Tuesday, April 28, 2009

Oracle to acquire Sun Microsystems

On April 20, Oracle said it is buying Sun Microsystems in a cash deal the company valued at $7.4 billion ($5.6 billion net of Sun's cash and debt). This certainly puts IBM at a disadvantage, as their bid for Sun fell apart and now allows Oracle to compete with IBM in many new fields like server hardware. While a leading software company on its own merits, the acquisition of Sun by Oracle lends itself to some very useful (and profitable) systems integrations.

By becoming a new (bigger) giant in the industry, even Microsoft, the preeminent giant, has more to worry about with Oracle's new acquisitions giving new fuel to software competition with OpenOffice vs Microsoft Office, Java vs .Net, and MySQL vs MS SQL being the most interesting ones (Solaris versus Windows might not be so exciting).

Admittedly, after having mentioned these points, it still becomes apparent that Oracle has it's work cut out for them. Although they have now gained a strategic advantage to compete with the big boys (IBM, MS) they still have a lot of work to do to ensure that they keep the right pieces of the puzzle and determine what to keep and what to toss from the combined company. For instance, there is a lot of brand equity in Sun and continuing the use of both logos is implying the continuity of its business lines (if only to garner public support).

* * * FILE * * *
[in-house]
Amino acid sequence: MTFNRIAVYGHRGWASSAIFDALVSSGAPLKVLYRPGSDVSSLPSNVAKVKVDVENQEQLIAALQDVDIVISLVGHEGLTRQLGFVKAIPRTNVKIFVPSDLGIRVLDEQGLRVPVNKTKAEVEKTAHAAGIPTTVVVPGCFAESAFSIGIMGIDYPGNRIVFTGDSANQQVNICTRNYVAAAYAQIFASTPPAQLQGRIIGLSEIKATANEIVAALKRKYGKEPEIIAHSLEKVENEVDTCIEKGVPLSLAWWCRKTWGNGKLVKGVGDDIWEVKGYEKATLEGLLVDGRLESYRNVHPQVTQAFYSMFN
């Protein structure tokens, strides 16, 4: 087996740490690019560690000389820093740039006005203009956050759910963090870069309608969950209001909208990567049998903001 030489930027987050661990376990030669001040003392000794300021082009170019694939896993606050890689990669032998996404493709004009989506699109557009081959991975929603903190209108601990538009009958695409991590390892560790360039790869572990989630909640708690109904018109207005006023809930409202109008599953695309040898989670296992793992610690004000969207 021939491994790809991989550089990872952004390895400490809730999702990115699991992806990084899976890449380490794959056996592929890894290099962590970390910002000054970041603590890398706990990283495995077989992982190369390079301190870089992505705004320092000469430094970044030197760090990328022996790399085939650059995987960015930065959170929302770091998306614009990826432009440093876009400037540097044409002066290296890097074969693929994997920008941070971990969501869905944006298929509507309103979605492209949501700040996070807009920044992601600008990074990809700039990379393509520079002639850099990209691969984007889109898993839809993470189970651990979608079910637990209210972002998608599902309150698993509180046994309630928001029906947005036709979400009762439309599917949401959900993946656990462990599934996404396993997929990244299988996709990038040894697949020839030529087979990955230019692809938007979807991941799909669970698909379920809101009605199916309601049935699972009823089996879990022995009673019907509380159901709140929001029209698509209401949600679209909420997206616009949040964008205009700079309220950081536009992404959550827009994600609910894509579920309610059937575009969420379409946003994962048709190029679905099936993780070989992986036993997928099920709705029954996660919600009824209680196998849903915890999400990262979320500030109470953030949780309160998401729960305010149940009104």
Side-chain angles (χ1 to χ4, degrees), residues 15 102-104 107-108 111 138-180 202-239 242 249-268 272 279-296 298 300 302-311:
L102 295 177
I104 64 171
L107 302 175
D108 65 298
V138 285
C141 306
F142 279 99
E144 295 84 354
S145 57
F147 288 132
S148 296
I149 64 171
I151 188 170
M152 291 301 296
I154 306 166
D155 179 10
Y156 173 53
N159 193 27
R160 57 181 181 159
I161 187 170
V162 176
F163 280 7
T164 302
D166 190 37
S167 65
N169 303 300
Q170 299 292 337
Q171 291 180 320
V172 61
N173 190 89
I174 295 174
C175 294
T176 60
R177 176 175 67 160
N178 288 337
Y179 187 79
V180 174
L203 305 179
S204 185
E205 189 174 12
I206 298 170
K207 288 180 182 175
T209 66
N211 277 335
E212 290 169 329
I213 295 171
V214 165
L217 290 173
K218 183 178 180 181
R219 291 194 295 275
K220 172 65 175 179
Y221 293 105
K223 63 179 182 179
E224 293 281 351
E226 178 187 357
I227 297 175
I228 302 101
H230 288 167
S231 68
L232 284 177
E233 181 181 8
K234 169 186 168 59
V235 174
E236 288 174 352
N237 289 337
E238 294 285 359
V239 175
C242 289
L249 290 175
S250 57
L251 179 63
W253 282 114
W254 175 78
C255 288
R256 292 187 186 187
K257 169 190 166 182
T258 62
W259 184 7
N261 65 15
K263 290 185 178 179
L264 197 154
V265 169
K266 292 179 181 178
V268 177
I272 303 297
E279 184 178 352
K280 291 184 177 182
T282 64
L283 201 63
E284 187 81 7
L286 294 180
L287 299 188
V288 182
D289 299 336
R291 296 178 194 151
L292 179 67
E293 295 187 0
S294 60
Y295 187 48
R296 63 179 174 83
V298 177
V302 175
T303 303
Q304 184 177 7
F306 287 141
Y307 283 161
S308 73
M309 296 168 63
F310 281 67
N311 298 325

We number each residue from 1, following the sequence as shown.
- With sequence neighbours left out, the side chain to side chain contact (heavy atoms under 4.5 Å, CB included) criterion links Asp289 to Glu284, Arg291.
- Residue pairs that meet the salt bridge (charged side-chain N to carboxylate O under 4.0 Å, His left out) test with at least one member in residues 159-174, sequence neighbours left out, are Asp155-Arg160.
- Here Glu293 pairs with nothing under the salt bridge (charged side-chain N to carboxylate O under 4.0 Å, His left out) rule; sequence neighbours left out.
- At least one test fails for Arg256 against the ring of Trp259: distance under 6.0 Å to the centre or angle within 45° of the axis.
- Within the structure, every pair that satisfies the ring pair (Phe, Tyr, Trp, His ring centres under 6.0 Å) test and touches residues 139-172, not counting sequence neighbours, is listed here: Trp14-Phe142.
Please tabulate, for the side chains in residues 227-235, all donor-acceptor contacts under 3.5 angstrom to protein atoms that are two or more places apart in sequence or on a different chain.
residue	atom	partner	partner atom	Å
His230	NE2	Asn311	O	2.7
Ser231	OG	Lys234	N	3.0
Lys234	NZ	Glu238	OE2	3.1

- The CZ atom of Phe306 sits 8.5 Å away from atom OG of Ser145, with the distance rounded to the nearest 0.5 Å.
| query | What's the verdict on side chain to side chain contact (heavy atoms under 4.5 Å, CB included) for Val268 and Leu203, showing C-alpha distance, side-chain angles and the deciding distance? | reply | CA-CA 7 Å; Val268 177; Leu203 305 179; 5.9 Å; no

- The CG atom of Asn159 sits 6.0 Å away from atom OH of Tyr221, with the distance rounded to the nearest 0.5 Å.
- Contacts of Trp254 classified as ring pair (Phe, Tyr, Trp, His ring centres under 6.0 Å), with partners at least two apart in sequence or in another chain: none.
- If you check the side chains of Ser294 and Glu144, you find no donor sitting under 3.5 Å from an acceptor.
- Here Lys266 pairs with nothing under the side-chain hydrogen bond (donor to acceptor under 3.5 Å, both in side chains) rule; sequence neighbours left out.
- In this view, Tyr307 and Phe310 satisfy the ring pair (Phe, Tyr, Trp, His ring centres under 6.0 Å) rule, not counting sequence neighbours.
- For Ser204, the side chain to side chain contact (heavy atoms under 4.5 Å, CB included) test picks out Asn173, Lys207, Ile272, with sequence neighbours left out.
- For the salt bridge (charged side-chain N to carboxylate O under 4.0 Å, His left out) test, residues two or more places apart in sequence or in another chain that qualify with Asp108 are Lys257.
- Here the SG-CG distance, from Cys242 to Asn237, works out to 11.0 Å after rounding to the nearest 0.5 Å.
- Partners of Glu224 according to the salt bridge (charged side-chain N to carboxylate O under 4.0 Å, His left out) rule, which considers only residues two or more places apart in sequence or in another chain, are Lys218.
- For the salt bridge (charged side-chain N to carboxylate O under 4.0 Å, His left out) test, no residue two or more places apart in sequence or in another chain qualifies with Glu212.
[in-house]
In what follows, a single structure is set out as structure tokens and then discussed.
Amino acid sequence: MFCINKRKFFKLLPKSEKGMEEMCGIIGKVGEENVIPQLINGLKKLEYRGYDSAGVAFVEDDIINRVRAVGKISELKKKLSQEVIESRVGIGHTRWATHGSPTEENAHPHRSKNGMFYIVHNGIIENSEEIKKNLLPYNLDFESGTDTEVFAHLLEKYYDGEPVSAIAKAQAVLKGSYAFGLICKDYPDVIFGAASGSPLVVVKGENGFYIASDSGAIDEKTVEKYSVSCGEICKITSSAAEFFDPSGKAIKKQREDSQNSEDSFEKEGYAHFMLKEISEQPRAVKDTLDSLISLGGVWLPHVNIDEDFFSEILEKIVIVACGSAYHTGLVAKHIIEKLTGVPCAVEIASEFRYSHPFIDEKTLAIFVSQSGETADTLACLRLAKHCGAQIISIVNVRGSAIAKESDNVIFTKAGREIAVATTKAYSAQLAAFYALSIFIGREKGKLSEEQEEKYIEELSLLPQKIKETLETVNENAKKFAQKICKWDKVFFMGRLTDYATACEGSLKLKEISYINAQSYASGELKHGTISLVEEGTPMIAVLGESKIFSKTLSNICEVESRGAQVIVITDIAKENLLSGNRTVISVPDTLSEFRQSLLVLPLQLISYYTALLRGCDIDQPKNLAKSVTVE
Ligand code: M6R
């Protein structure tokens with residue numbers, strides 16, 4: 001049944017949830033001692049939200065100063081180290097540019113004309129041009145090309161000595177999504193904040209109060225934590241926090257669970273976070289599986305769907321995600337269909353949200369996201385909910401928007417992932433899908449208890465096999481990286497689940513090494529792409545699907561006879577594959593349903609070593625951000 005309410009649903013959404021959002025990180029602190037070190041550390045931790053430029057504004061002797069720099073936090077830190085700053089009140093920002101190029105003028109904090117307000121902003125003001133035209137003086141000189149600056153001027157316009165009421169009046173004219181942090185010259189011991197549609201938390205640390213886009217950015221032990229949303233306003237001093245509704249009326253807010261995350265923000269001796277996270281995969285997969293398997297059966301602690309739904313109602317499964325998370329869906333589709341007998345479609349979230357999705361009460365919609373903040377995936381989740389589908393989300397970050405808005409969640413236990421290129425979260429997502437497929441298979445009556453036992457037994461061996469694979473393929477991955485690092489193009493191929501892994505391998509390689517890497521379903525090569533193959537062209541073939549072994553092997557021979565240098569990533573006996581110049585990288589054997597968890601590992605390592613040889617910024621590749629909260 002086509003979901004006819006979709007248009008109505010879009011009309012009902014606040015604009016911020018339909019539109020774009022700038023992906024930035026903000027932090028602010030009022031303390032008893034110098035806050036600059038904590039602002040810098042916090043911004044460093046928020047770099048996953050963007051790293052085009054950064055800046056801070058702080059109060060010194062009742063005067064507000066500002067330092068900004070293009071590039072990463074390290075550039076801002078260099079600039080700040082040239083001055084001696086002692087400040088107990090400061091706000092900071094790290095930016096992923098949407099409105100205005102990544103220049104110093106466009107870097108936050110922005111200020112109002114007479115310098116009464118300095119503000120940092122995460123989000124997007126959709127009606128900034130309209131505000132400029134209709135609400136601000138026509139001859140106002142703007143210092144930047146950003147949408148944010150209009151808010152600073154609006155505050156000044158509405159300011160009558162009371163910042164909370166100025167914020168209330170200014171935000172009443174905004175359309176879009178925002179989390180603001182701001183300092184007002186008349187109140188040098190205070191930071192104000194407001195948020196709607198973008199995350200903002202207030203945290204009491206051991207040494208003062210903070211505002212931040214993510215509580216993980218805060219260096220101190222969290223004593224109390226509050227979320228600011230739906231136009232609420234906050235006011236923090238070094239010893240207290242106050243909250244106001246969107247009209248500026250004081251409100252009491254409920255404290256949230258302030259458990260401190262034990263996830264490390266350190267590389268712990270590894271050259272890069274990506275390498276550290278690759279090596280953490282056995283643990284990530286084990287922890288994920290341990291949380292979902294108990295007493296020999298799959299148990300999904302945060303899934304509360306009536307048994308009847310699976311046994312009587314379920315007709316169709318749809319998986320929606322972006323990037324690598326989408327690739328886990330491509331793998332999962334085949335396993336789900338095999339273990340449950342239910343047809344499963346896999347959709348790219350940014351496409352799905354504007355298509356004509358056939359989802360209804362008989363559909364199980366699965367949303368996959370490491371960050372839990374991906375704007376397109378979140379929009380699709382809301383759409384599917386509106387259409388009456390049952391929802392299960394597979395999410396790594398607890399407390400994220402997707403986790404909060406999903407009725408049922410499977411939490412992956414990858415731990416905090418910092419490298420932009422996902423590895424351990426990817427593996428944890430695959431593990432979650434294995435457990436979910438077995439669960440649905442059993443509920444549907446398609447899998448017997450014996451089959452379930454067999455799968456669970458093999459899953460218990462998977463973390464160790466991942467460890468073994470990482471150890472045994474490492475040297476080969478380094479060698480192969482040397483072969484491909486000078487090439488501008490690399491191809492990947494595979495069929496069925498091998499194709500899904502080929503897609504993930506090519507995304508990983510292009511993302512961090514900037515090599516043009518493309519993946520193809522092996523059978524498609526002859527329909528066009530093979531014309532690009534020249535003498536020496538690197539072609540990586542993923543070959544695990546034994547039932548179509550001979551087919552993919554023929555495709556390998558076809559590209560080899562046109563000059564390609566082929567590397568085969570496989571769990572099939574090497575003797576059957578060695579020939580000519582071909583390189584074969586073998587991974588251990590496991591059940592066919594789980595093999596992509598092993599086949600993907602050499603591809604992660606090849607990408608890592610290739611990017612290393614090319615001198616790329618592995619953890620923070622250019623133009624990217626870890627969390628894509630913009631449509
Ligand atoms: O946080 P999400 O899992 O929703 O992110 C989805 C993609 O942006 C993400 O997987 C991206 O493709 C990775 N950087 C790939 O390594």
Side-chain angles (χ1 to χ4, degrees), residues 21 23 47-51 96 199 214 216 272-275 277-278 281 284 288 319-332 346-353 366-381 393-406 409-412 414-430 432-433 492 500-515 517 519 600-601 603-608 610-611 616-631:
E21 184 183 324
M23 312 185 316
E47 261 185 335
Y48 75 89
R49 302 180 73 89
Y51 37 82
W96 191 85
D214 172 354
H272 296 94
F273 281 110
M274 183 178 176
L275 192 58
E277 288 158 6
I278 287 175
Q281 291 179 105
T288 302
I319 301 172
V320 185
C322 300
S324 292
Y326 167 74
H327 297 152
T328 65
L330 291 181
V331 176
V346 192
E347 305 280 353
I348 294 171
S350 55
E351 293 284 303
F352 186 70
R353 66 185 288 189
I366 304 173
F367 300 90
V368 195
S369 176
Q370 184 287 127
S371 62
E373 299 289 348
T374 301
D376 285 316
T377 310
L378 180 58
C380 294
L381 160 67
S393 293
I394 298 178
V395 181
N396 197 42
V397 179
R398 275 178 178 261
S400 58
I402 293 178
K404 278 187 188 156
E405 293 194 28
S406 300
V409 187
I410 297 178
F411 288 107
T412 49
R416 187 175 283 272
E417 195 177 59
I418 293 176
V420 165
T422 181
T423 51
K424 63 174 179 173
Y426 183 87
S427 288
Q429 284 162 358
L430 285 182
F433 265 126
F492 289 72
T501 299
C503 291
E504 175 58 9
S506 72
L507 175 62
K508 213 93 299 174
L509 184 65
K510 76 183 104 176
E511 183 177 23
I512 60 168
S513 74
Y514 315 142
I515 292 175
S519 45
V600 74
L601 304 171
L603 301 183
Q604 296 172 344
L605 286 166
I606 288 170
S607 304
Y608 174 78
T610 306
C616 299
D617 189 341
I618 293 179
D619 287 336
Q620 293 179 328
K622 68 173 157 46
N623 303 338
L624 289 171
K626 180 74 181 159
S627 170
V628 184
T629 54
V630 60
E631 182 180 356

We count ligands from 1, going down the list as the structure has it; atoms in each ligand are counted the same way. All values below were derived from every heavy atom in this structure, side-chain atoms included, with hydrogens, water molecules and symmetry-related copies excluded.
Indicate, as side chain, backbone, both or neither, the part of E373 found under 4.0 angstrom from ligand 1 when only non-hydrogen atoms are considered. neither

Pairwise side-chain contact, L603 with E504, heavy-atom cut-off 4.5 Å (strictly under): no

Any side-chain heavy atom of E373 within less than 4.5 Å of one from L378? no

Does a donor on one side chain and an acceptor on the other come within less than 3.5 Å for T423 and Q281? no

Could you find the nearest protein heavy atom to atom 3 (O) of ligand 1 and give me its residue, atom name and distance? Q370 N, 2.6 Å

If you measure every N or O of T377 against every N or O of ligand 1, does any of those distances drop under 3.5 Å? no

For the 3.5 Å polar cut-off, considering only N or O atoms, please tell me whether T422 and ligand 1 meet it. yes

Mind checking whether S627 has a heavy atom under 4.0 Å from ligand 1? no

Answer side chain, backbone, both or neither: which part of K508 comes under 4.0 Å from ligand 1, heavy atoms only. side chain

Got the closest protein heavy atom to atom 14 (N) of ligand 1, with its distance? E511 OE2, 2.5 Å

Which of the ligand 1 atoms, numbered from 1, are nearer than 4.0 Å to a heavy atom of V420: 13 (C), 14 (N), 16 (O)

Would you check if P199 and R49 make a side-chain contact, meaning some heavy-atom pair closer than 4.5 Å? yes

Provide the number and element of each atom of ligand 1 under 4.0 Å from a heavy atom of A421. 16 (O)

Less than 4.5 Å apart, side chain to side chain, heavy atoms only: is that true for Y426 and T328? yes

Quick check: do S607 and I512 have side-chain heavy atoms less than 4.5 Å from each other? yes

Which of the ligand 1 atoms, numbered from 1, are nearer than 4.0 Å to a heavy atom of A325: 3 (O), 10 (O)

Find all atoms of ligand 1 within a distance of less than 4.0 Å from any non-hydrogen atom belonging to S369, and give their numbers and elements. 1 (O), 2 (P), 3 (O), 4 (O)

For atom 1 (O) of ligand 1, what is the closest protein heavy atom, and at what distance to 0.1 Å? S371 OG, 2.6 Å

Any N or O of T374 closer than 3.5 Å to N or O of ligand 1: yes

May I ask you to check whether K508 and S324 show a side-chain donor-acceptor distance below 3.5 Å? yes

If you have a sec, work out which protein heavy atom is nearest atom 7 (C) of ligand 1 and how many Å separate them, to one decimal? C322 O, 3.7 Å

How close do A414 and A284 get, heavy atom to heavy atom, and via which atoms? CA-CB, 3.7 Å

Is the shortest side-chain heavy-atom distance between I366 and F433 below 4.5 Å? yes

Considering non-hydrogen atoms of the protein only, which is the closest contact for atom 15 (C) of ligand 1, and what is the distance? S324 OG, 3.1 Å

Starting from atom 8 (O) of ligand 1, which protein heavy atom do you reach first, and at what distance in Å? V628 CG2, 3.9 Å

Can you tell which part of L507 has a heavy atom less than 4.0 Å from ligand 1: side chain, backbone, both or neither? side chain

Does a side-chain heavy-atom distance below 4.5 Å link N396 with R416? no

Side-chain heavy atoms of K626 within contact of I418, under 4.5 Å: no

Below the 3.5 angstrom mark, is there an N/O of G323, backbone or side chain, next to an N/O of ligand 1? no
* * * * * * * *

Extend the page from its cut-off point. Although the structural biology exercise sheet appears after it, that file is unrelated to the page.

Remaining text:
For instance, there is speculation that Oracle will sell off Sun's Hardware divisions to a partner like HP. Although analysts say that Oracle will do this to reduce "historic margins", I think that might not entirely be a good idea. There is a strategic advantage to being a one stop shop and entrenching your products with customers is an adtantage that IBM has and appreciates. It will be interesting to watch this play out.

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